I reserve the right to be wrong.
Humans act to satisfy present desires. Are humans rational in seeking ways to satisfy their desires? Well, they do rationalise, but this rationalisation takes place in a context. That context is; people respond to incentives.
This means our choices of what actions to take will vary depending on the consequences of each possible action. Mainstream economics, dealing with human action to satisfy present desires using scarce resources, includes the actions of collectives of people.
This is a gigantic fallacy in the mainstream approach to rational action. This is a problem with people - including me in the near past - misunderstanding what it means to act. Rational action to satisfy present desires can only be undertaken by a moral agent, one who actually has desires.
A company, bowling club, or government no more desires anything than a forest or a building. These are associations of people and so exist only as ideas in our minds, regardless of whether or not we record their formation on paper.
Since the individual is the sole moral agent, the individual is the only social unit with rights. This also means the individual is the only social unit with responsibilities, that is, to respect the rights of all the other individuals around them.
GOVERNMENT IS RATIONAL
Government is the metaphysical term we attach to the collective of people who do the job of governing or ruling within the territory of the State that is their, and our, ideological monolith. The big problem, as I'm sure is clear already, is that a government does not exist in the real world; it is not corporeal.
Can a government be rational? Of course not! It's a metaphysical assemblage of people, who join and leave it constantly, and who are very numerous. I'm counting the civil service, police and military as part of government.
The individual is corporeal, a physical entity taking up space in the real world. And the individual is a moral agent with rights and responsibilities. A government has neither of those things because, put simply, it doesn't exist.
So government cannot be rational because it is not a person, and so lacks any desires.
GOVERNMENT IS MORAL
A lot of people - the real moral agents - are at work inside government. And they didn't suddenly cease to have desires, and they didn't suddenly cease to respond to incentives. Now it would be easy to say government is not moral for the simple reason that it's not a person, and thus not a moral agent.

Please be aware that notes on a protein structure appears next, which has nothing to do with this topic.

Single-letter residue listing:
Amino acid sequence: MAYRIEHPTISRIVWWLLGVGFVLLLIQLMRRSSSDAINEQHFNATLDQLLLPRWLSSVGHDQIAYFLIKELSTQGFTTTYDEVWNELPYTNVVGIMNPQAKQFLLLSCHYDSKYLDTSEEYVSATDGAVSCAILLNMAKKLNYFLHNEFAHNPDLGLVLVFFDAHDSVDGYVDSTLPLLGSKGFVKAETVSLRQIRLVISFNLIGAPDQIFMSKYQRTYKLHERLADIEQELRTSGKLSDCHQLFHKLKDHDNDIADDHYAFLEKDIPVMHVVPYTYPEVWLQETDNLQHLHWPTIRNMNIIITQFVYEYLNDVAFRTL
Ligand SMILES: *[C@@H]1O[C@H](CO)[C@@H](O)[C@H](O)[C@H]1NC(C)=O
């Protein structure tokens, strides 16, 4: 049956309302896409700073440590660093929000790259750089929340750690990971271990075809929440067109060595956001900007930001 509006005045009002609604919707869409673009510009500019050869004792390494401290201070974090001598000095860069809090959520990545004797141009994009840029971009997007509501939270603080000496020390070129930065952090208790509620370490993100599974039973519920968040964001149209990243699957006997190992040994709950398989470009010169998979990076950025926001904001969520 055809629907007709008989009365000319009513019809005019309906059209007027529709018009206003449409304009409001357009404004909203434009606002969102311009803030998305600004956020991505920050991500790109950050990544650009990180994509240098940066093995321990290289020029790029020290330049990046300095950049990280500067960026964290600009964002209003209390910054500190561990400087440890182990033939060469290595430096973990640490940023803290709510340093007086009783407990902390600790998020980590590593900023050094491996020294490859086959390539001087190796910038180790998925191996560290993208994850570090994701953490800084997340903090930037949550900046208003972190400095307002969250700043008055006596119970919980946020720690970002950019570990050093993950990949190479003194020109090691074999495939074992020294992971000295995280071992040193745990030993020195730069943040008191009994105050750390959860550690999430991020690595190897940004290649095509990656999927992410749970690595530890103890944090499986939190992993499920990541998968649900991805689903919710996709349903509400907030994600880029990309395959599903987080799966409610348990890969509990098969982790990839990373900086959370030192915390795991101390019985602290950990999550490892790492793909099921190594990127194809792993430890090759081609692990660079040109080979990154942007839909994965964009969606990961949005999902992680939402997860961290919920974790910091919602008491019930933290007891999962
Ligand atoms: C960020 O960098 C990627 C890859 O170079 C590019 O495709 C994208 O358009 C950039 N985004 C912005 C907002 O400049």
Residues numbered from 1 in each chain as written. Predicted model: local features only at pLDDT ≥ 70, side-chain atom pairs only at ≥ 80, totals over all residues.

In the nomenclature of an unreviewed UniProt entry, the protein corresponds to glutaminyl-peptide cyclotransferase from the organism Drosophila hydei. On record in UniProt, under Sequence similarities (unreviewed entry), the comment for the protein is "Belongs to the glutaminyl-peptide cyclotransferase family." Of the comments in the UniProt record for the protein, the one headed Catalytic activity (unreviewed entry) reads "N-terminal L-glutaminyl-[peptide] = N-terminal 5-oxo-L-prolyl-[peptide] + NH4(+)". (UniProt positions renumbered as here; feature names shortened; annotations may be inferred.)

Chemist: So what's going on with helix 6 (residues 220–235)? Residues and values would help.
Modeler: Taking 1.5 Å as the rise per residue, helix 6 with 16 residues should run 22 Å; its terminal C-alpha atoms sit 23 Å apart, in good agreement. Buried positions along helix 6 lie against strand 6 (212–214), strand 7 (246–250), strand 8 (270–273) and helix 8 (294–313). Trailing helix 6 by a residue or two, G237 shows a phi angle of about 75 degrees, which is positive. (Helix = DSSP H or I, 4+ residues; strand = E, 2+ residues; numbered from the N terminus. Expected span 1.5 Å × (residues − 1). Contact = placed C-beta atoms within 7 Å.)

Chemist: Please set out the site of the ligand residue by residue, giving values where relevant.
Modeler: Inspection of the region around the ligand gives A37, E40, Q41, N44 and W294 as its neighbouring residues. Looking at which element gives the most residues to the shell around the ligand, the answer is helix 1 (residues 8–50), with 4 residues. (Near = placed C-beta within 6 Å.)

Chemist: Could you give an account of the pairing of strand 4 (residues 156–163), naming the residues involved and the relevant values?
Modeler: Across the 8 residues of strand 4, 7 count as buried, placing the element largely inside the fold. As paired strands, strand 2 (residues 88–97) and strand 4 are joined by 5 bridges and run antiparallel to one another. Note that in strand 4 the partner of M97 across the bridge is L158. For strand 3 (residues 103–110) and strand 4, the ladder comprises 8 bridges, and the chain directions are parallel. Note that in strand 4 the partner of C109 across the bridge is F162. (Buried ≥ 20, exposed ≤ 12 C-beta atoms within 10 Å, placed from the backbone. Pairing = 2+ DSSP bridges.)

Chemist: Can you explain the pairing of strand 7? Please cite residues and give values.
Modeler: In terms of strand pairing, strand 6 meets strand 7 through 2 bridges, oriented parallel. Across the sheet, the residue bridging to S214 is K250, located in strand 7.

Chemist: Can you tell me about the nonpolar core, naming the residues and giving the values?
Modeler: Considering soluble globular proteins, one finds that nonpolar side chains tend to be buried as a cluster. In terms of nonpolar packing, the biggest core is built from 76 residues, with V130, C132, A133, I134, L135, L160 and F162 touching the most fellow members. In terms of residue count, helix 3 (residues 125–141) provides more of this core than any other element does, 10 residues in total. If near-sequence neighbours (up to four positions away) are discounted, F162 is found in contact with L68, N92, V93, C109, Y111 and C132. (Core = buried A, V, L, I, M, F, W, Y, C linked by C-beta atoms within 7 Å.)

But let's go further than just that.
Since there are people in government, and since government is by definition an elite - regardless of how they get into power, all politicians and bureaucrats are an elite - the actions of these people will be unchecked by the competition that checks and balances private agents.
The people in the government are just as self-interested as any other moral agents. Only now they have power over others, something I previously described as freedom gone too far. By definition this also denudes those outside government of their liberty.
Since those in government are now the makers, executors, and enforcers of statutory law, they will tend to grant advantage and privilege to themselves, or at least push to maintain whatever privileges they already enjoy.
This is also how wealthy outsiders will often behave, attempting to get the attention of government so it will favour them. This recalls something Winston Churchill once said of appeasement; that is is much like a man feeding others to a crocodile in the hope it will leave him for last.
State monopolies in law courts, policing, trade regulation, sumptuary laws and even regulation of personal life have in every instance been injurious to the pursuit of happiness by the only moral agents that on this or any other world truly exist; individuals.
Government organisations want to grow just as private ones do, but they do so by rent seeking instead of competitive pricing and innovation. The only innovations in government will be new ways of veiling tax increases or money creation to enrich insiders.
This means governments are unfettered in their constant growth; hiring ever more bureaucrats, passing ever more pernicious regulations, watching the society they're leeching off ever more closely. Every way in which this mammoth acts is detrimental to human flourishing.
So government is amoral, I grant you, but by definition those human beings who govern are immoral because every day they take part in a process of dehumanisation, enslavement and impoverishment of the population beyond their manicured lawns.
If only individuals are moral agents, then only individuals or those people and groups appointed voluntarily by individuals can legitimately contract with other moral agents. Of course this is not the case in the real world, and so the status quo must be fought in a way that truly renders it irrelevant.
A childlike desire for simple truths has lead me to conclude that private property is axiomatically the best and moral way to decide who gets what, that the right to property is based on the homesteading principle, and that homesteading begins in the womb during gestation.
Property is all, and from property flows non-aggression, and from there flows the simple and undeniable fact; taxation is theft, war is murder, incarceration is rape, and policing is assault.
Everything the state does is built on cardinal crime. Sans government, society can get on with the far more boring and far more edifying task of finding new and innovative ways to help each other navigate through life more comfortably, more productively, and more happily.
On the next Ecomony Blogtime; governments and finance houses the world over tremble at the coming of Big Society!